As I expected, Christianity’s cultured despisers (many of them from within) took great offense at my daring to suggest that the Roman Empire was not unmitigated evil. Instead, I suggested that the legacy of Rome is ambivalent — good and bad. (As David Sessions brilliantly showed yesterday, hot-takes are swallowing the Christian blogosphere, on both left and right. Facebook and Twitter hot-takers gleefully troll me anytime I write a post that offends their sensibilities. This now comes with the territory of blogging.)
Nevertheless, anyone with a modicum of common sense cannot help but be impressed with the feats of the Romans, especially as you stroll through the modern city that is built upon the ruins of the empire.
And yes, they are ruins, because Rome fell, and it fell hard.
Medieval visitors to Rome write of a small and sickly population, living in hovels crafted from remnants of ancient temples and basilicas. A city that had been home to as many as 2 million people in the first century had shrunk to less than 100,000. What went wrong?
One of the first to tackle this question was Edward Gibbon in the 18th century. In The History of the Decline and Fall of the Roman Empire, he famously blamed the Romans for becoming effeminate by outsourcing their military to mercenaries. When those very mercenary armies turned on Rome, the Romans had forgotten how to defend themselves, and they were overrun.
Gibbon also blamed Christianity — both its pacifism and its focus on the afterlife served to undermine Rome’s military power.
Although the most famous history of Rome ever written, Gibbon was criticized in his own day, and his theories are considered hogwash by most historians today. Rome fell for a complex set of reasons, but Christianity and femininity were not among them.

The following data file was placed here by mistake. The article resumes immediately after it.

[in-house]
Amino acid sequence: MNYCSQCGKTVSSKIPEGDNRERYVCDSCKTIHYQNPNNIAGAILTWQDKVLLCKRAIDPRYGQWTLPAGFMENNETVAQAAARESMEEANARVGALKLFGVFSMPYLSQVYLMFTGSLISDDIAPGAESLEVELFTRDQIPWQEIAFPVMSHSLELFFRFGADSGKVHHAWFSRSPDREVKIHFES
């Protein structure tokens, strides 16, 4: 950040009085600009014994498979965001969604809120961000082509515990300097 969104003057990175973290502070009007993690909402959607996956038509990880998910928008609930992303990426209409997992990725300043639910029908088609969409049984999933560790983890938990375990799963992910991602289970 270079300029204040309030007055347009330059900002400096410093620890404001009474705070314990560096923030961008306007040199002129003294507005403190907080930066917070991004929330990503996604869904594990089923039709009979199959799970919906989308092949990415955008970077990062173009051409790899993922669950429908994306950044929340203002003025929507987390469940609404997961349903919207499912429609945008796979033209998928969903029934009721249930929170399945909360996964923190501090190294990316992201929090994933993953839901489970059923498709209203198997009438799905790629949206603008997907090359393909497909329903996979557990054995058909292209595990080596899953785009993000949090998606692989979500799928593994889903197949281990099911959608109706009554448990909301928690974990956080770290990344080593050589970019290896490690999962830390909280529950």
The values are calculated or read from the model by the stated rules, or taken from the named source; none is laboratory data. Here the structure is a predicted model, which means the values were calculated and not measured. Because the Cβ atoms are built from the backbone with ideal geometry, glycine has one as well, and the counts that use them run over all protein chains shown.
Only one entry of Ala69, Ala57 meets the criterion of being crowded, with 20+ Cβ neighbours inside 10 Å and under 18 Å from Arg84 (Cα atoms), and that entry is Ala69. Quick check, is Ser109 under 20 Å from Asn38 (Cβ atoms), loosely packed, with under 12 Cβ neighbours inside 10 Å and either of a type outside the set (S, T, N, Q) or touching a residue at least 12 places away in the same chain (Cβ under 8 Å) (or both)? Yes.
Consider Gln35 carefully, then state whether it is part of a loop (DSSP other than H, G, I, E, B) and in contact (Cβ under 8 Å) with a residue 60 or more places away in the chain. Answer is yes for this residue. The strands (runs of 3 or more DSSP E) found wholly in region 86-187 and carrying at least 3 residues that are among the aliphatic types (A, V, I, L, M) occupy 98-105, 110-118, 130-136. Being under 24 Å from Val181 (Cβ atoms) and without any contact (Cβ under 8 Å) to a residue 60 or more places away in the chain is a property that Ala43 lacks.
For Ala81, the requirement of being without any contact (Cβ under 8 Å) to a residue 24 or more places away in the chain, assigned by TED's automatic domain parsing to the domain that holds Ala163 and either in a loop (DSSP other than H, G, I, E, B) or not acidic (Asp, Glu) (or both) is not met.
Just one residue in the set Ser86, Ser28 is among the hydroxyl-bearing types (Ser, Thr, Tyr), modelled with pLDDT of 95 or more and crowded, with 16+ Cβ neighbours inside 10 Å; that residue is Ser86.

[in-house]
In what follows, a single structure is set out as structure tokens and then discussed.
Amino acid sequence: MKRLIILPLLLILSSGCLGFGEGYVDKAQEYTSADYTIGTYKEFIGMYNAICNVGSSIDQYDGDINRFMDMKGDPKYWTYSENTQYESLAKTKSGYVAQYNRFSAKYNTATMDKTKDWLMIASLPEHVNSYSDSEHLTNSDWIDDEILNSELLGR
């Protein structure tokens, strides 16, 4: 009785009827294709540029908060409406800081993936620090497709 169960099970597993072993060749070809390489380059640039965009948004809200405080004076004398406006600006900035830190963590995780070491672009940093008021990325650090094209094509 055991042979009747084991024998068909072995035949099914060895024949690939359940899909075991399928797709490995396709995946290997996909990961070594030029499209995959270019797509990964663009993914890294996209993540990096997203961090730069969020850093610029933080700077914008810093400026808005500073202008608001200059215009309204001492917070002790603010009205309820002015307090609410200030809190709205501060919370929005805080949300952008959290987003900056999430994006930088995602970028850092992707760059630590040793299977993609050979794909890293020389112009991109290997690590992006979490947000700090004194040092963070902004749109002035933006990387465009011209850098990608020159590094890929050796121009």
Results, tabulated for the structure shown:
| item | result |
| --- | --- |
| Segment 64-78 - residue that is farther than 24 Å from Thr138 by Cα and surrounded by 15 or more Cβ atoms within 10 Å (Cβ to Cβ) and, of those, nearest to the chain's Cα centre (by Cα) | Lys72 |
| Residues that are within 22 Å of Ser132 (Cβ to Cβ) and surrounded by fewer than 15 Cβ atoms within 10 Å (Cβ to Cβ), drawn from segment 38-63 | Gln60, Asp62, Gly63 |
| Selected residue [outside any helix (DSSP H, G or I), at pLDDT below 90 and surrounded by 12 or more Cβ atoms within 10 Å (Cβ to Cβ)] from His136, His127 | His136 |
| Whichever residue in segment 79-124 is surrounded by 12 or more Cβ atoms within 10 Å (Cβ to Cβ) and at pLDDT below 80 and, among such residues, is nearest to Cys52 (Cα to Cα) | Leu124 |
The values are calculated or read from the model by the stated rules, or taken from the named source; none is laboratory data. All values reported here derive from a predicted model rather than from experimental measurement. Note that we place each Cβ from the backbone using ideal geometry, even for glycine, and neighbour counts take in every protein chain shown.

For one thing, history has shown that empires that are spread too far geographically are impossible to maintain. Rome was massive for its day — for instance, if the emperor died while campaigning in Britannia, it could take a month for the news to reach the capital, and another month for it to reach the southeastern corner of the empire. Think of all the craziness that could happen in those two months, then the additional time before a new ruler took the throne and word of that accession crossed the empire.
And imperial decadence surely has to be factored in to Rome’s fall. Even by the early fourth century, an emperor like Constantine spent very little time in Rome, preferring instead to build a new capital in the East, which he could name after himself and build to his own designs.
Rome fell in no small part because times changed, and the imperial system that had worked relatively well for four centuries did not change. Our own government struggles under the same weight. Whether it’s the military, built to fight a certain type of enemy and struggling to adapt to a very different kind of enemy, or the Supreme Court, attempting to interpret a document that guarantees privacy but was penned in an era before electronic communication, our own “empire” is straining under the weight of change. Our government was developed by white, male landholders who wore powdered wigs and buckle shoes. Can their government survive another century?
The earliest Christians did their level best to survive and thrive in the waning days of the Roman Empire. Some among us hate that they accepted the beneficence of Constantine and later emperors who built them magnificent buildings of worship. But at the time, these gifts must have seemed an overwhelming blessing to the nascent church.
It’s quite unlikely that church and state will be married in such a way again — indeed, we’re moving in the very opposite direction. Nevertheless, the fall of Rome and the rise of Christianity happened contemporaneously, and each holds lessons for us.